So when Hartford Public Library interim director Matt Poland asked me to be on the selection committee to pick the one book Greater Hartford will read this summer, I was more than a little excited.
And when I got the call that the four books in contention had been dropped off, I ran downstairs like some greedy little kid on Christmas ready to horde her gifts.
But this isn't about me; it's about building community, and as seriously as I'm taking the assignment to read all the books and help choose the right one, I figured why not include all of you.
So, this column has a bit of a catch.
When you get done reading, I'm going to ask you to do some more reading and help me out.
If you're not familiar with the literary program, it's about engaging the community in the shared experience of reading one book by a living author. Consider it a citywide book club.
Since it started in 2002, a long list of esteemed authors have visited Hartford: Edwidge Danticat, Azar Nafisi, James McBride and Manil Suri to name a few.
Our choices this year are:
•"Push" by Sapphire. I'll warn you up front. This book is a blunt, raw account of an illiterate, sexually abused young girl growing up in New York. I'm afraid the language and content might scare people off, but the subject matter is incredibly relevant.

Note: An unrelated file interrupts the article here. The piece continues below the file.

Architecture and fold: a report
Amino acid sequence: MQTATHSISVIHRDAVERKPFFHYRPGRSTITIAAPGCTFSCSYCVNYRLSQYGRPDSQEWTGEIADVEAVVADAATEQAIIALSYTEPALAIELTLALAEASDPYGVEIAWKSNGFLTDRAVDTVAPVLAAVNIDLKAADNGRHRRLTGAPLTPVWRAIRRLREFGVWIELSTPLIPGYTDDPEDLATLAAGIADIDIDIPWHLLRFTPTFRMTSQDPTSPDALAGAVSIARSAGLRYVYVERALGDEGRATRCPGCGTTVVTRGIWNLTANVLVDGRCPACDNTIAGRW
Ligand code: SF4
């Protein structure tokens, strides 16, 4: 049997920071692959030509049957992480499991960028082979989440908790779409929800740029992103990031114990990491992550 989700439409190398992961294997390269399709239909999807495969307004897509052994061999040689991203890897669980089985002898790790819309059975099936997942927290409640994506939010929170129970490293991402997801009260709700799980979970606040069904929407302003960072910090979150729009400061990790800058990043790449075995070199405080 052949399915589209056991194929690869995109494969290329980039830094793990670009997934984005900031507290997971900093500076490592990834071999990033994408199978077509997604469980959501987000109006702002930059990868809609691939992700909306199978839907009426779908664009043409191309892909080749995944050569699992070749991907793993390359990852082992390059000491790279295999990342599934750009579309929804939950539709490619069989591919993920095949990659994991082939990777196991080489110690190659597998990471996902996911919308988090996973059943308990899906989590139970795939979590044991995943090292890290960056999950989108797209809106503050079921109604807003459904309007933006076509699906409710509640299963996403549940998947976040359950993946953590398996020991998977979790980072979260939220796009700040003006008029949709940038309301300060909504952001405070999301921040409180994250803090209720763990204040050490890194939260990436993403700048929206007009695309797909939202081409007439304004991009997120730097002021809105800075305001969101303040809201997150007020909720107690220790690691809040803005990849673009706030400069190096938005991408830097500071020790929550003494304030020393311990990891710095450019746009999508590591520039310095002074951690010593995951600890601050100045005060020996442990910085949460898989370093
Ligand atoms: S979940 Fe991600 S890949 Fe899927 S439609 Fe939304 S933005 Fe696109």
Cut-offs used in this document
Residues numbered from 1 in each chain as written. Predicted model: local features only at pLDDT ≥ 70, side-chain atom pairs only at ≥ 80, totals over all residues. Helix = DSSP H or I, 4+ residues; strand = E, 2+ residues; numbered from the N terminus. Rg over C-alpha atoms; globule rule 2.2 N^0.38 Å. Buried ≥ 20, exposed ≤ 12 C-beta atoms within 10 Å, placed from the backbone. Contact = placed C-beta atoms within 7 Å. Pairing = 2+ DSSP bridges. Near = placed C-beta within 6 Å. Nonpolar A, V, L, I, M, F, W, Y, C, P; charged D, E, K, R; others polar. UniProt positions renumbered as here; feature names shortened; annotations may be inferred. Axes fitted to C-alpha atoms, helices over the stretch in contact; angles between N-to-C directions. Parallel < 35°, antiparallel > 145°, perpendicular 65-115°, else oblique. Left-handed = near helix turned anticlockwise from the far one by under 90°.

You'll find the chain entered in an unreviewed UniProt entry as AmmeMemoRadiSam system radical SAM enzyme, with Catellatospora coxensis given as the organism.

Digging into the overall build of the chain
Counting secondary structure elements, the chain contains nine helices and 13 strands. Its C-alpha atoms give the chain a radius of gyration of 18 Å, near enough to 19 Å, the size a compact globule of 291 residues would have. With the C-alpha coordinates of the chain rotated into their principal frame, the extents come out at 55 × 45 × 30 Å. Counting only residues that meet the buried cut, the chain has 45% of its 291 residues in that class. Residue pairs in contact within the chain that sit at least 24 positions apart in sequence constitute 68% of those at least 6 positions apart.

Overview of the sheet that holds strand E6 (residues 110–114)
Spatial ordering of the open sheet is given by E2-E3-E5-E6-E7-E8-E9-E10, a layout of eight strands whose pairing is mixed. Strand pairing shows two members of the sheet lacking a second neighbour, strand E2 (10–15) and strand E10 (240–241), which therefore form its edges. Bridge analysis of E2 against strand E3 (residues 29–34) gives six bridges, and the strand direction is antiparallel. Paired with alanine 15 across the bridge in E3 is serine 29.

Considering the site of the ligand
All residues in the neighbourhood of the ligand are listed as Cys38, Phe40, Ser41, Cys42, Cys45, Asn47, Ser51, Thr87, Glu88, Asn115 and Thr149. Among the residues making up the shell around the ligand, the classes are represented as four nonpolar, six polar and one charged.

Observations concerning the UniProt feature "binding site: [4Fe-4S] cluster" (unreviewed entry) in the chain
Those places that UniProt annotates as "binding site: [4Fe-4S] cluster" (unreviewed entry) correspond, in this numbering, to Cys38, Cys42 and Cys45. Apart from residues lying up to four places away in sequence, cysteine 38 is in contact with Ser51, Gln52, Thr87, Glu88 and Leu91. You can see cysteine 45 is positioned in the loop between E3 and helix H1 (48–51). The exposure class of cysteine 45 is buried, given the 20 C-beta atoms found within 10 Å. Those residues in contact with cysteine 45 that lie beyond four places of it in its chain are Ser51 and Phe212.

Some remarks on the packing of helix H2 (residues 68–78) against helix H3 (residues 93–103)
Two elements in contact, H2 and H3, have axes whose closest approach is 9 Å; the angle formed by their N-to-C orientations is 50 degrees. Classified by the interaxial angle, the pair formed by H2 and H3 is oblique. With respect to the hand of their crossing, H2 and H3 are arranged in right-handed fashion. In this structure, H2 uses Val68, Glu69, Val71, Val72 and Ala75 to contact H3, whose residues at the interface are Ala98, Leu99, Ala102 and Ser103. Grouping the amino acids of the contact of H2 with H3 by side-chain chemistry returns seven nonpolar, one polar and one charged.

•"The Brief Wondrous Life of Oscar Wao" by Junot Diaz. In the spirit of full disclosure, I've been a fan of Diaz for years. He does not disappoint with this Pulitzer-winning book. The story follows Oscar, a 300-plus pound Dominican nerd (must be why I liked him) who is obsessed with science fiction and love. Diaz had me at fuku — and if you read the book you'll know what I mean.
•"Graceland" by Chris Abani. I'm about halfway through this story about an Elvis impersonator in Nigeria. Yeah, you read that right, and no, you can't go wrong with that premise.
•And finally, "Lucky Child" by Loung Ung, a memoir of the Cambodian refugee's assimilation into a Vermont community while trying to overcome painful memories of her homeland.
One Book culminates in the winning author's visit to Hartford in late October. But through the summer, there'll be discussions throughout the city where we can all share our reactions to the text, and discuss the issues the books explore — immigration, literacy, education, to name a few.
With the help of the Web staff here, I've arranged for a poll so you can vote for your top pick. It'll be on my blog and in my column online (courant.com/ubinas). Next year, Janet Benedict (also an interim director) tells me, the selection process will be more interactive.
But, for now, I'm asking you to get involved. So, e-mail, tweet or call with your thoughts. Have you read any of the books? Do you have a favorite? Does one title just appeal to you more than the others?
No guarantee that the book you choose is going to be the selection committee's top pick Friday, but I figure the more feedback we have, the better.
So, come on. Vote, and tell me which book you think should be the one.
Reprinted with permission of the Hartford Courant.
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